The space under a railway viaduct in town doesn't stay empty very long. We open up some businesses under there.
Our viaduct is made from a couple of Wills SS52 brick retaining arch kits. Like many Wills kits, this one is designed to be very flexible so it can be used in a variety of ways. Construction isn't quite 'shake the box', but for a simple set of vertical arches like these, it's not difficult.
The curved top of each arch is supposed to be forms of two smooth moulded parts that have to be bent and fixed in place. A strip of Slaters brick Plastikard four bricks wide is a lot easier to fit neatly as the material is a lot more flexible. Plastic solvent is perfect for this job, just place a drop of it in the join and capillary action will take it where required.
The back of each arch is a double-sided component offering bricks or a wooden frontage with large doors. The moulded plank lines are very shallow and likely to disappear under a coat of paint, so we are making them deeper with an Olfa cutter, although a scriber would work just as well.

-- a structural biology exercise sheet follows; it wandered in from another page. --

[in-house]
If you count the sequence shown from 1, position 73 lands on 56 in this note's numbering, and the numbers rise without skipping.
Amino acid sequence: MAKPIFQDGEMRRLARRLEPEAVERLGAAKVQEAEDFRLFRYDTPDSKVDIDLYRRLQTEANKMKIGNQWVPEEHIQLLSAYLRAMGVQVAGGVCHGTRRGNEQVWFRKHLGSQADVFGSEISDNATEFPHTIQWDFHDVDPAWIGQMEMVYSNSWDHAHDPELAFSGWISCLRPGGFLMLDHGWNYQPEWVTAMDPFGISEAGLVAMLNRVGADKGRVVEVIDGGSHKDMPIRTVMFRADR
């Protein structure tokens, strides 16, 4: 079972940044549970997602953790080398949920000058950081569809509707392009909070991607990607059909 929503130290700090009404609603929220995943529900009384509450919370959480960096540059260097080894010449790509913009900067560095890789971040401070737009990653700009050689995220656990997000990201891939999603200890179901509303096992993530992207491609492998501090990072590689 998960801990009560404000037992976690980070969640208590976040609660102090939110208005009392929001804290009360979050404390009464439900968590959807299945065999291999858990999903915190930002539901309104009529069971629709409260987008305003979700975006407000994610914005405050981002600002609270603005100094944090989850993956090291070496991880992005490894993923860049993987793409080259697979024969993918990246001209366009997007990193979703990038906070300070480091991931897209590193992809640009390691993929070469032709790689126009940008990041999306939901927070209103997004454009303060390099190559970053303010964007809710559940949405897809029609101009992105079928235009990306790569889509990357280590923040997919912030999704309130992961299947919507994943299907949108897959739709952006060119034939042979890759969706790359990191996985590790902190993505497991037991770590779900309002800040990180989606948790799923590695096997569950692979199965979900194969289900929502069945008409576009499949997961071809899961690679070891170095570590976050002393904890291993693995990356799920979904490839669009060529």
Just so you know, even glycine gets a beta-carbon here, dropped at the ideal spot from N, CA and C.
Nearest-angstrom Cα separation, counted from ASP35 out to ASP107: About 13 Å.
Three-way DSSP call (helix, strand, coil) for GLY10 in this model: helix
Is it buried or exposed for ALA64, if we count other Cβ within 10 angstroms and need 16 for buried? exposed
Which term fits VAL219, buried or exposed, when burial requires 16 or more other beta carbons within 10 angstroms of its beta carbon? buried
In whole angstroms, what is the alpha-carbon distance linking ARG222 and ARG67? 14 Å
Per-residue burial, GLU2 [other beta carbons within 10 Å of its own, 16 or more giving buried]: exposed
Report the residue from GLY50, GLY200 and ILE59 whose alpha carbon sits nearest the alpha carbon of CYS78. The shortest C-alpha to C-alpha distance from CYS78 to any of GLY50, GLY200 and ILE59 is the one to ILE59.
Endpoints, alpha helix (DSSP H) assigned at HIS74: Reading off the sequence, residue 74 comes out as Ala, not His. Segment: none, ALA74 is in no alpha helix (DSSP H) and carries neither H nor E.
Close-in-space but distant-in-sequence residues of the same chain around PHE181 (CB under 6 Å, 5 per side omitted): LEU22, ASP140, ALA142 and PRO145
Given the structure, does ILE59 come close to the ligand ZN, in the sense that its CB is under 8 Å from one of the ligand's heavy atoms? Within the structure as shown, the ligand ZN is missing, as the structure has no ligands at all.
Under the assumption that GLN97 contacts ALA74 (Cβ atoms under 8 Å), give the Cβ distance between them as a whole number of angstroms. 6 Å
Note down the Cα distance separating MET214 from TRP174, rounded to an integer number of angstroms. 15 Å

Injecting a little life into the row of businesses starts with opening up the large door on the front of one panel. It's only slightly ajar as the site where this model will sit doesn't offer enough space behind the front for a full interior. That, and if you open it fully, you'll see the bricks moulded on the back.
Cutting the small door out left a piece of plastic too small for the hole so a new part is made from plastic sheet. For a handle, a Peco track pin is ideal.
Our last modification involves cutting out the centre section of the panel and replacing it with some scribed plastic doors. The gentle curve is marked by drawing around an old sweetie tin. Hinges are made from microstrip.
Scruffy businesses didn't always employ professional signwriters, so handwriting the names on the doors with a mapping pen and ink looks about right. The ink isn't waterproof and washing some acrylic paint over the door to weather it afterwards removed some of the lettering. I left the faded text and replaced it with a printed sign as though one had been nailed up over the other.
All the lockups are painted in suitably dull colours and then lightly weathered with some dry-brushing and powders. This isn't the smart end of town, so they need to look a bit scruffy.